A major Canadian union and safety expert are blasting a decision by British Columbia prosecutors to effectively drop a criminal negligence prosecution of U.S. construction giant Kiewit Corp. and two former construction managers, just as trial was set to start, in the death more than a decade ago of a 24-year-old company site employee.

The B.C. Prosecution Service has stayed proceedings in criminal negligence charges filed in 2019 in the death of Sam Fitzpatrick, a rock scaler killed by a falling boulder on a remote hydroelectric project in northern British Columbia.

In a statement, B.C. prosecutors cited the death of a blasting expert who had been integral to the case, as well as key witness memories of the incident that “have degraded significantly.”

The decision came one week before the trial of Kiewit and the two former site managers was set to start on Sept. 7 in a provincial court.

The decision was a major blow to Fitzpatrick family members, who had pushed authorities for years to review the accident, as well as the United Steelworkers union, which has backed the family’s legal campaign.

Barring an appeal, the decision also marks the end of a rare case of a major company facing criminal charges under Canada’s Westray Law. Enacted in 2004, it was named after the 1992 Westray mining explosion in Nova Scotia that killed 26 miners, despite multiple safety concerns raised by employees, government inspectors and union officials, observers say.

“We are extremely disappointed in the decision from the BC Prosecution Service not to prosecute the case,” said Stephen Hunt, steelworkers district director in Burnaby, B.C. “Sam Fitzpatrick died more than a decade ago and criminal charges were only laid in 2019 after a long campaign for accountability.”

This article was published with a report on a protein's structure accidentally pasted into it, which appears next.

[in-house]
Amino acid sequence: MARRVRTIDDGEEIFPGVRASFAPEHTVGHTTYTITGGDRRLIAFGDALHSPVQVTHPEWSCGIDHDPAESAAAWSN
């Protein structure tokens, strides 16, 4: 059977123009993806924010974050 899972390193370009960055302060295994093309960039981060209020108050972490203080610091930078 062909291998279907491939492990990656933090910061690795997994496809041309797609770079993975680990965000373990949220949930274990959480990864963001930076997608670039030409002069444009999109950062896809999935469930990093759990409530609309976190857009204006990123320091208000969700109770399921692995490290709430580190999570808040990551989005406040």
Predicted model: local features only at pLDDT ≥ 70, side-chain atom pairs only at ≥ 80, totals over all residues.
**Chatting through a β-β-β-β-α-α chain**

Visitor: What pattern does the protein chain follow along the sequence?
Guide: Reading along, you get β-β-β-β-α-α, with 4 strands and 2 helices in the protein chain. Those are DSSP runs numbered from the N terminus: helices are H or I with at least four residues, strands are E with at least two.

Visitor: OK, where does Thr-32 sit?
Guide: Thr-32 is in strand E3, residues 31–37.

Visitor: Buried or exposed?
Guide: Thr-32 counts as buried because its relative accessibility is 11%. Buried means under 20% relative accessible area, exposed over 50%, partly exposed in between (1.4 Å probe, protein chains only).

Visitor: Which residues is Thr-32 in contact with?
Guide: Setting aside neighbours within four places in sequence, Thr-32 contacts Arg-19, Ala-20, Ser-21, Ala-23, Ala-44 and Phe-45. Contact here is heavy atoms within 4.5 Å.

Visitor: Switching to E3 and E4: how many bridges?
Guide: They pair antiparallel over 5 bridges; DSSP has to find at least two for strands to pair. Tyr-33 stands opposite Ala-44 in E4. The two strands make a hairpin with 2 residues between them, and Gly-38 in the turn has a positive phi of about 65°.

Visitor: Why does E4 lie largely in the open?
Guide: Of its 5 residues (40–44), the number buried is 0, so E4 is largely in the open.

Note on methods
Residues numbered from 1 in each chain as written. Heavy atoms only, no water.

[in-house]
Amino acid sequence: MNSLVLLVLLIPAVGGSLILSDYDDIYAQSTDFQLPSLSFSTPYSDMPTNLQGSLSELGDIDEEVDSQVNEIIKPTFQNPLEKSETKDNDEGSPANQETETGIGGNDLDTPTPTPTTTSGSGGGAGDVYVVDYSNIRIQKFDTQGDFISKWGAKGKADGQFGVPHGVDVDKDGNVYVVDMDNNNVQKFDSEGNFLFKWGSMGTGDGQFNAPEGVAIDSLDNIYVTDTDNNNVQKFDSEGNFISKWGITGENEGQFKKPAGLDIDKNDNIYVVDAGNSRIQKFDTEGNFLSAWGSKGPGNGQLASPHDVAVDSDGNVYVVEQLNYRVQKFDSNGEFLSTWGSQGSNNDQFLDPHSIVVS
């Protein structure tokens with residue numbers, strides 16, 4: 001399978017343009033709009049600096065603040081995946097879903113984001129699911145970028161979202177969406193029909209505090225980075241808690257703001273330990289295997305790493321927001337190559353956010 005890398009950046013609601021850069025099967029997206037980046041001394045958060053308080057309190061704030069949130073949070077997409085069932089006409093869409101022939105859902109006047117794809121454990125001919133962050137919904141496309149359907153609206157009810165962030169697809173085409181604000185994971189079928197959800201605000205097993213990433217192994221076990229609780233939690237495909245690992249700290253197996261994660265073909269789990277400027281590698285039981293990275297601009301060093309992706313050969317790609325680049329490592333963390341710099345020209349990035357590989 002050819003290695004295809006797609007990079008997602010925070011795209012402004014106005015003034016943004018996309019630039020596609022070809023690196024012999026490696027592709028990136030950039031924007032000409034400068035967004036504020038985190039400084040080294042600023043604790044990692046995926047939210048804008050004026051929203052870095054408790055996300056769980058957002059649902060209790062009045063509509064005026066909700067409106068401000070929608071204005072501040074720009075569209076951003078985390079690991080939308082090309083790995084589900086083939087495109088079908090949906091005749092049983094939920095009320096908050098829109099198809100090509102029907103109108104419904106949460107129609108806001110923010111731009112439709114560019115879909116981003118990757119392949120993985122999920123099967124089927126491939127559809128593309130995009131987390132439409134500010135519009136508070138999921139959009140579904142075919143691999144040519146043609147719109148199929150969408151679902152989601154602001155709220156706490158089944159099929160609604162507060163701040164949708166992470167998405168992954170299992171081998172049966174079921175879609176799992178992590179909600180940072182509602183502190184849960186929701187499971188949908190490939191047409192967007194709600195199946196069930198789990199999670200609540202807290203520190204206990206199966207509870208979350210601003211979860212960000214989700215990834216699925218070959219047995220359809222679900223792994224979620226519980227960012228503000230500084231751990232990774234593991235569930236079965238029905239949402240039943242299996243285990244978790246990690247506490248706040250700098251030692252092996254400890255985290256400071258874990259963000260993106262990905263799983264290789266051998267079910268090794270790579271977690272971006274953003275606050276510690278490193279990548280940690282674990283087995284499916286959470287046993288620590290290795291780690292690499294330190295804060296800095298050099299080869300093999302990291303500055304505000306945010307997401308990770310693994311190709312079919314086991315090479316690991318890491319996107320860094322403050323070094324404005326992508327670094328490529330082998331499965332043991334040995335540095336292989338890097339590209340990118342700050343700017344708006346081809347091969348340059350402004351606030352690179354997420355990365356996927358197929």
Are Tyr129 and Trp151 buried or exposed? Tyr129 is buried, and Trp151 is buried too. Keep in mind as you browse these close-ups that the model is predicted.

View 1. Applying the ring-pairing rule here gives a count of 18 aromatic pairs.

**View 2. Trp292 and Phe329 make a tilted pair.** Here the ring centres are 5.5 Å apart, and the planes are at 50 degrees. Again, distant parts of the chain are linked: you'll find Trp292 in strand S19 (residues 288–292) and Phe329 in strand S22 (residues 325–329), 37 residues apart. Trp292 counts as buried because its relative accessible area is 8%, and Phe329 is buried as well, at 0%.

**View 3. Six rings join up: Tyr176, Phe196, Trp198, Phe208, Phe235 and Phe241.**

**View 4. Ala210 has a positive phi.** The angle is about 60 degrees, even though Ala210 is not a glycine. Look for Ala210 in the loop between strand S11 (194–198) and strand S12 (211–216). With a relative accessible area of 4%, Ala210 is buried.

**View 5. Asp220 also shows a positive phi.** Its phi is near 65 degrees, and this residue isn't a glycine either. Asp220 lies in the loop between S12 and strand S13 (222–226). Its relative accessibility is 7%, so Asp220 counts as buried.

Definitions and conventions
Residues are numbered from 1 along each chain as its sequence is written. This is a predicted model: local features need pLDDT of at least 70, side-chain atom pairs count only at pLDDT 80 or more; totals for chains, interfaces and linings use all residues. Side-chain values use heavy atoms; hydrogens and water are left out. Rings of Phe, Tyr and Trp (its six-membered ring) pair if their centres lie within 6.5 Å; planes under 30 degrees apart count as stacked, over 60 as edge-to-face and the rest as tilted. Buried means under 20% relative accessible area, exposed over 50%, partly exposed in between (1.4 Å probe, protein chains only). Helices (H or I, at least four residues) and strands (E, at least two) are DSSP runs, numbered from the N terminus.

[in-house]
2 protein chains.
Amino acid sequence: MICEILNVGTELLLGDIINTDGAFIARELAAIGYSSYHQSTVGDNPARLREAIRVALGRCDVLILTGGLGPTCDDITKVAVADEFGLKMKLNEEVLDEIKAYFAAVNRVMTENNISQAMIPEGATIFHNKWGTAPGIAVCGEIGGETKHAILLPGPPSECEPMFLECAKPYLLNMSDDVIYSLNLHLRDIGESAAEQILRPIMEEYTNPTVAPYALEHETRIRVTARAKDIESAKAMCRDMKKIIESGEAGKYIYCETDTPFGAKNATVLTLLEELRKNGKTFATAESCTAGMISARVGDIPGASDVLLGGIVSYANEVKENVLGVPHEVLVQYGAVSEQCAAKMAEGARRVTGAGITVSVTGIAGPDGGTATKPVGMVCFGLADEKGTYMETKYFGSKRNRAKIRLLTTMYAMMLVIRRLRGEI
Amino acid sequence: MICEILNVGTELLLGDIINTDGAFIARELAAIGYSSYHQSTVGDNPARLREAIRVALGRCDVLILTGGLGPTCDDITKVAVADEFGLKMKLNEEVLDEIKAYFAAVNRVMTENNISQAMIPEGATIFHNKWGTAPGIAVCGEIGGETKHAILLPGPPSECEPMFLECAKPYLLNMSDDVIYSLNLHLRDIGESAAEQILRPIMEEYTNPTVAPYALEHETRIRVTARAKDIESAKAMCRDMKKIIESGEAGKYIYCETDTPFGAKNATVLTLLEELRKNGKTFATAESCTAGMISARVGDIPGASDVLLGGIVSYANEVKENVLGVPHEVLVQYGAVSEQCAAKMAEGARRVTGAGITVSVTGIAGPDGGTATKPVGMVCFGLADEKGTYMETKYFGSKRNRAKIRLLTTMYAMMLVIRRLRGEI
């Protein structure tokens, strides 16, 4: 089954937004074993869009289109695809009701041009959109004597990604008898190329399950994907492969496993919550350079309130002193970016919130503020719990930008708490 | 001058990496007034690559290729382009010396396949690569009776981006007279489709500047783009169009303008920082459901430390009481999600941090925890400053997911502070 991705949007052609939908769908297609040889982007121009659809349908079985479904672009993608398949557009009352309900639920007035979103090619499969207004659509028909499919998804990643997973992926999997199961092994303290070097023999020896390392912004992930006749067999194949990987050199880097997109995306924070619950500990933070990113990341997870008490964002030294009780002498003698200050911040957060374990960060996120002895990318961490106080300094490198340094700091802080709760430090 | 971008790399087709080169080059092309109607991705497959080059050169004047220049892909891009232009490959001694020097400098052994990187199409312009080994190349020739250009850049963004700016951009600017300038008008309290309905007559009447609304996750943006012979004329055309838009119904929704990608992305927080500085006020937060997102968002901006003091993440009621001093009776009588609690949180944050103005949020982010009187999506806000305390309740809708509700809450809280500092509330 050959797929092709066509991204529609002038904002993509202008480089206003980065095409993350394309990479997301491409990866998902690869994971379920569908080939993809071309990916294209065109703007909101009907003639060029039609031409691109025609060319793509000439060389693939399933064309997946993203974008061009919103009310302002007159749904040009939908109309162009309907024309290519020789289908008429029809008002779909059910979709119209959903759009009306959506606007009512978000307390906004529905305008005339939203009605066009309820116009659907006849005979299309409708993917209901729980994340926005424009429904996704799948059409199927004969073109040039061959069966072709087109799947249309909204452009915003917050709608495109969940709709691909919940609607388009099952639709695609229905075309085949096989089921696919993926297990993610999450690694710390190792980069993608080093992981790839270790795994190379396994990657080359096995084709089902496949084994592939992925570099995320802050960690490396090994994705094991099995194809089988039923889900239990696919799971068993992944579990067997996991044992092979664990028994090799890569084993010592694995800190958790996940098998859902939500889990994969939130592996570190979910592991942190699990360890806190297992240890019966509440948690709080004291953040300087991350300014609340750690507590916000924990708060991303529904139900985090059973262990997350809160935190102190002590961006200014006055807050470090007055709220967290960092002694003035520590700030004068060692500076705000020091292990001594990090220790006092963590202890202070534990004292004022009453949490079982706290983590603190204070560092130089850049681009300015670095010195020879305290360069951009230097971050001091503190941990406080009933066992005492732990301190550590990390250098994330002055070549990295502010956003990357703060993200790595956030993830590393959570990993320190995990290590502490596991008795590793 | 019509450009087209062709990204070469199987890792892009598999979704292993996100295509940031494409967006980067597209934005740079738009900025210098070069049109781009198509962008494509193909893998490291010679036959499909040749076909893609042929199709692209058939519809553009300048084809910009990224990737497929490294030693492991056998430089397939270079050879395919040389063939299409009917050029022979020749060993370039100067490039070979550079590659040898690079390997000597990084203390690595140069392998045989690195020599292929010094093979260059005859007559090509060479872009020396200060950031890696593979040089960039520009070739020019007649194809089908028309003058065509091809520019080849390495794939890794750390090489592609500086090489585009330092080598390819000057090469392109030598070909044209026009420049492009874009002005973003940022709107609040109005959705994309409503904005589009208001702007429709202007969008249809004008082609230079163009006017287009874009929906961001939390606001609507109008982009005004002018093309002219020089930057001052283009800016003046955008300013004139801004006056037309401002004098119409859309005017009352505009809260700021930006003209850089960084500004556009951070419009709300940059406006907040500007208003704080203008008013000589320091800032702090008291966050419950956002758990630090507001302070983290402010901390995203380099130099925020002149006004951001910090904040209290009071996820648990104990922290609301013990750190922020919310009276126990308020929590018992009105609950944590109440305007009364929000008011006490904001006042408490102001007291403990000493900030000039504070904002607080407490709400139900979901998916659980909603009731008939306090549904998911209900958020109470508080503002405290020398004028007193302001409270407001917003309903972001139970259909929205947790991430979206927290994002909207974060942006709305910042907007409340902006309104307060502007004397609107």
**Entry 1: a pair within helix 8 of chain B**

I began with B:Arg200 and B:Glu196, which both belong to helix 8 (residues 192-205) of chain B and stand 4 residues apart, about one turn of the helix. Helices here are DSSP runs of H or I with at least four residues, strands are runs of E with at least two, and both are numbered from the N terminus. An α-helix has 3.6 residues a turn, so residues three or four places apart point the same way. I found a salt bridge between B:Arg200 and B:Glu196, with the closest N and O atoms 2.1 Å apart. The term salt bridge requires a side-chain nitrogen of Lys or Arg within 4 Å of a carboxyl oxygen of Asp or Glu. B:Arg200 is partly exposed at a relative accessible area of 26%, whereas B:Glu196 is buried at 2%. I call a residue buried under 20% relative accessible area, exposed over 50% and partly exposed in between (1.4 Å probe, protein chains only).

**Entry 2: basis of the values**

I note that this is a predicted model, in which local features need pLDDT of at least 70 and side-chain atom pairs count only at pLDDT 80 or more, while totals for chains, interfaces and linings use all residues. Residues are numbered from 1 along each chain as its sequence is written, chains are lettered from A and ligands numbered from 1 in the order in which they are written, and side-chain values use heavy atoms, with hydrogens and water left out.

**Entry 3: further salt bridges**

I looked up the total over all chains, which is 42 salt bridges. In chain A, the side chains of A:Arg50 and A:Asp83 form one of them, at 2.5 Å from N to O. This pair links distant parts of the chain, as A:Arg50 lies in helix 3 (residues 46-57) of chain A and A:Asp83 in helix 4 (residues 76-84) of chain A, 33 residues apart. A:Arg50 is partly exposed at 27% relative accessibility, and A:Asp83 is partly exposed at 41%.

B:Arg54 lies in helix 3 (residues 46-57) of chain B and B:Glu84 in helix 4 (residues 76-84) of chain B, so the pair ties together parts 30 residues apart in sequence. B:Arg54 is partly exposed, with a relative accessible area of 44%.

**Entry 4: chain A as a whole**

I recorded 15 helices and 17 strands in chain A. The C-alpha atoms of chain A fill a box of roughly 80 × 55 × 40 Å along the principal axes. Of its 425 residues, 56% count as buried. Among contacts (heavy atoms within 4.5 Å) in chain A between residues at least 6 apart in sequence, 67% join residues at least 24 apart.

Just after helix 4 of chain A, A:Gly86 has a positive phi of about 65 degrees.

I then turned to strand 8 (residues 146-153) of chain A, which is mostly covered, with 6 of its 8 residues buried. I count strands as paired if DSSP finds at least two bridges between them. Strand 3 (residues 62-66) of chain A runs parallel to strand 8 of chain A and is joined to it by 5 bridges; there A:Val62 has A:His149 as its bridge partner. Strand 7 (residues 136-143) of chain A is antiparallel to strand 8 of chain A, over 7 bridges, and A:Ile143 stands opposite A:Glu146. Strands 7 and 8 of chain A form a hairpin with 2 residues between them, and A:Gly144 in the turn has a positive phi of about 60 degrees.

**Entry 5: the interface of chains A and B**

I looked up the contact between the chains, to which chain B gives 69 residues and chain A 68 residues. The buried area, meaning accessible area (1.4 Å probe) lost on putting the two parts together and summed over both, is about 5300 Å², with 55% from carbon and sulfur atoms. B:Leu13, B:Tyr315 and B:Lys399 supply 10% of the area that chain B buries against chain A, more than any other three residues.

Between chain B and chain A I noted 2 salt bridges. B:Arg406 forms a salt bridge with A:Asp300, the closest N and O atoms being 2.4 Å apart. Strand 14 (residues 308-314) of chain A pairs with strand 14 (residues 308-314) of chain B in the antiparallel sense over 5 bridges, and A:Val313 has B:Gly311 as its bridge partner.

Steven Bittle, an associate professor of criminology at the University of Ottawa, said "the decision to stay the charges is infuriating on many levels.” It is not clear if the Fitzpatrick family will appeal to BC’s attorney general, an option Bittle says is open to members.

Responding to the decision in a statement, Kiewit said it is “gratified” with the action by BC prosecutors and said the company continues “to offer our sincerest condolences to [Fitzpatrick's] family, friends, and those who worked with him for their loss.”

If Kiewit had been found guilty in a criminal trial, there could have been serious ramifications for the company that likely would have interfered with efforts to win new work on public projects in Canada, Bittle noted in a previous interview.

“It has always been our company’s belief – and that of our experts – that the rockfall that took Sam’s life was a tragic accident and was not caused by the actions of any personnel working on the site,” Kiewit said.

Provincial safety agency Worksafe BC issued a $250,000 (C) fine against Kiewit in 2011 for various safety violations that its inspectors found at the  project site where Fitzpatrick died—the largest penalty the safety regulator would issue that year. 

The fine was reduced to less than $100,000 (C) on appeal two years later by Kiewit, with the appellate tribunal ruling that it could not determine if company decisions directly led to the boulder striking Fitzpatrick, but still noting that the firm “committed high risk violations with reckless disregard.”